When I discovered my paternal grandfather’s previously unknown biological father’s family through DNA, some members of that family thought the story was fascinating and communicated with me, and even sent pictures so I could see the strong family resemblance between them and my grandfather. Other members of the same family ignored my requests for contact. My grandfather’s grandchildren by his first wife, who I’ve never met in person but had online contact with for a while, stopped talking to me entirely when I revealed I’d finally discovered the long-lost biological father’s family. They simply didn’t want to know. On the other hand, my grandfather’s half-sister’s children, my cousins, were delighted with the discovery and discussed it with me more than once. They thought it was a wonderful family history discovery, and were open to hearing about it. I would have thought his grandchildren would have wanted to know their true biological family line through his newly discovered biological father, but they did not.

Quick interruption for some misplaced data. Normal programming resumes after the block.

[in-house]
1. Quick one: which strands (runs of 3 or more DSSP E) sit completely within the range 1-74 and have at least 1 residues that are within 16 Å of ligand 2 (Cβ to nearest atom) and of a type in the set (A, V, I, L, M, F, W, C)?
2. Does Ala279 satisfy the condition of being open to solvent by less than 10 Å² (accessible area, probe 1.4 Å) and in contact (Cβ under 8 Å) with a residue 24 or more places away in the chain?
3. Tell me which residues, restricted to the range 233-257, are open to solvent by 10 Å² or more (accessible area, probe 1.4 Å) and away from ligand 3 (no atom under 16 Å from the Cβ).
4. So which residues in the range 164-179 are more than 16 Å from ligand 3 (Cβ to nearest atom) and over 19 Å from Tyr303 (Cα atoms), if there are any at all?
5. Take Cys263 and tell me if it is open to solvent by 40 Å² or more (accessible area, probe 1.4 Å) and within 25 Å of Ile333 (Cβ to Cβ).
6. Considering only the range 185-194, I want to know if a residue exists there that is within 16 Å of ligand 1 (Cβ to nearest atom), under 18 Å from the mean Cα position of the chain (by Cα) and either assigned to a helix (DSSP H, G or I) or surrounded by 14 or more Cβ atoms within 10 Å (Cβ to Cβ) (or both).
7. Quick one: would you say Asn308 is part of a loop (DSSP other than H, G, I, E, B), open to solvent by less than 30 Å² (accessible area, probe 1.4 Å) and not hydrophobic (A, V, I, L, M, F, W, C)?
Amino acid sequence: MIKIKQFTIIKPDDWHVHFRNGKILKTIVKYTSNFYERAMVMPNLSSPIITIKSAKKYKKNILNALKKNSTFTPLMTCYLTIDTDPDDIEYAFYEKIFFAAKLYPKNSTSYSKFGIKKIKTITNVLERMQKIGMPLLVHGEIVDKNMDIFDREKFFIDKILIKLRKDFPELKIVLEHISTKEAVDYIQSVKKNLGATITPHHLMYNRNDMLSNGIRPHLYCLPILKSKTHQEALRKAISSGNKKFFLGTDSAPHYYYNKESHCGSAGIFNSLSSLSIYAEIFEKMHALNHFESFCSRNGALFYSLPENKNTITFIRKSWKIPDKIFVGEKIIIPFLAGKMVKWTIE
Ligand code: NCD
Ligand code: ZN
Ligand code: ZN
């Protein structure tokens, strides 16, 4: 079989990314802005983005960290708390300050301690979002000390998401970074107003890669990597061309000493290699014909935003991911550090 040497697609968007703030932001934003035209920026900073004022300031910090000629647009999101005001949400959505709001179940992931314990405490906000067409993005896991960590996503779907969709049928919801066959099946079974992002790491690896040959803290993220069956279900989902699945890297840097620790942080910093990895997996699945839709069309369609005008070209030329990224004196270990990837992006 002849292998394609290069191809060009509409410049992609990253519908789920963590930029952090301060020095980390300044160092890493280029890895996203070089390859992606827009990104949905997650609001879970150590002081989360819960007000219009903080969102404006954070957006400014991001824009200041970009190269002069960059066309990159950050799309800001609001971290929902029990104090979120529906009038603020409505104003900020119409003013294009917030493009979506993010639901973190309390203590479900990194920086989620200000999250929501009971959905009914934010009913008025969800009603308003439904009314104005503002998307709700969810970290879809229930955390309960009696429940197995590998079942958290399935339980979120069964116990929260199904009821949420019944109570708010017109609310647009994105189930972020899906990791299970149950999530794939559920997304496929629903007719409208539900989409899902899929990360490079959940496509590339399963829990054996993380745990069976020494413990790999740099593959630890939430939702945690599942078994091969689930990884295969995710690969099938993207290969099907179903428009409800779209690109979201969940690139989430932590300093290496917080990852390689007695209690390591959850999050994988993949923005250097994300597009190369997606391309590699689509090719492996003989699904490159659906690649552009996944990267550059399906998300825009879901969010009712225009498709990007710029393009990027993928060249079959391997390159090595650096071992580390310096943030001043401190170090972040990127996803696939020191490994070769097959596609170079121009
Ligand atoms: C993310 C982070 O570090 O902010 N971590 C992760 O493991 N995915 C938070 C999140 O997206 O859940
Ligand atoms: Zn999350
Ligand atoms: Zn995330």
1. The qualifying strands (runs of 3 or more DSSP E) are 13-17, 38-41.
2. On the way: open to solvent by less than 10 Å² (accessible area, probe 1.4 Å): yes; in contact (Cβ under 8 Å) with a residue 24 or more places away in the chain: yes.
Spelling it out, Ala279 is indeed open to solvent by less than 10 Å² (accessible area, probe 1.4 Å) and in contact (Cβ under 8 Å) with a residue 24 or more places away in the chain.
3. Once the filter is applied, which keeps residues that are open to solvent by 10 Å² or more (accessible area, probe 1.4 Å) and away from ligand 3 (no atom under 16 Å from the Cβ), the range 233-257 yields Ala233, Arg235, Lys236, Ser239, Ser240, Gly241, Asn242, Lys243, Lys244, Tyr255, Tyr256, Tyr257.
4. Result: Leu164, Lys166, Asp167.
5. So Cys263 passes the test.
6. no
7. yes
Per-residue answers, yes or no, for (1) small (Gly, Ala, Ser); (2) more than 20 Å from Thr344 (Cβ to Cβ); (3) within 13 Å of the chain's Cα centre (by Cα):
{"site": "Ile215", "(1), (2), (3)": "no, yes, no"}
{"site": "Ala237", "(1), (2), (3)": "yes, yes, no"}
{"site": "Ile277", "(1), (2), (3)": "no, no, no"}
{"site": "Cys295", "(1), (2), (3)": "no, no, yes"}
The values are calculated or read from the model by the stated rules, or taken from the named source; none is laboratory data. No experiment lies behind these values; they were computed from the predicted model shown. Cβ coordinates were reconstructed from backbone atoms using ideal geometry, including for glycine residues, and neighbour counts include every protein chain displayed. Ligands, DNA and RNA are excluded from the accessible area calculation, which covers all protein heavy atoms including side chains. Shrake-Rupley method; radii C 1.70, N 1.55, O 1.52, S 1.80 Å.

Sometimes, you won’t know someone’s reaction to unwanted genealogical information until you tell them, because, like with my grandfather’s other grandchildren, you won’t know it is unwanted to them. In these situations, you simply have to stop talking about the discovery with those people and hope that they want to continue talking to you after you reveal it. When it comes to sensitive or potentially sensitive genealogical information, sometimes the best way to go is to keep it to yourself, publish it anonymously online for those who do want to know or save it for the book you will write on the subject.

Will Moneymaker founded Ancestral Findings back in 1995. He has been involved in genealogy research for over 20 years. The thrill of the hunt, the adventure, and the excitement begin when he started investigating the meaning of his surname. Why I Love Genealogy (And You Should, Too!)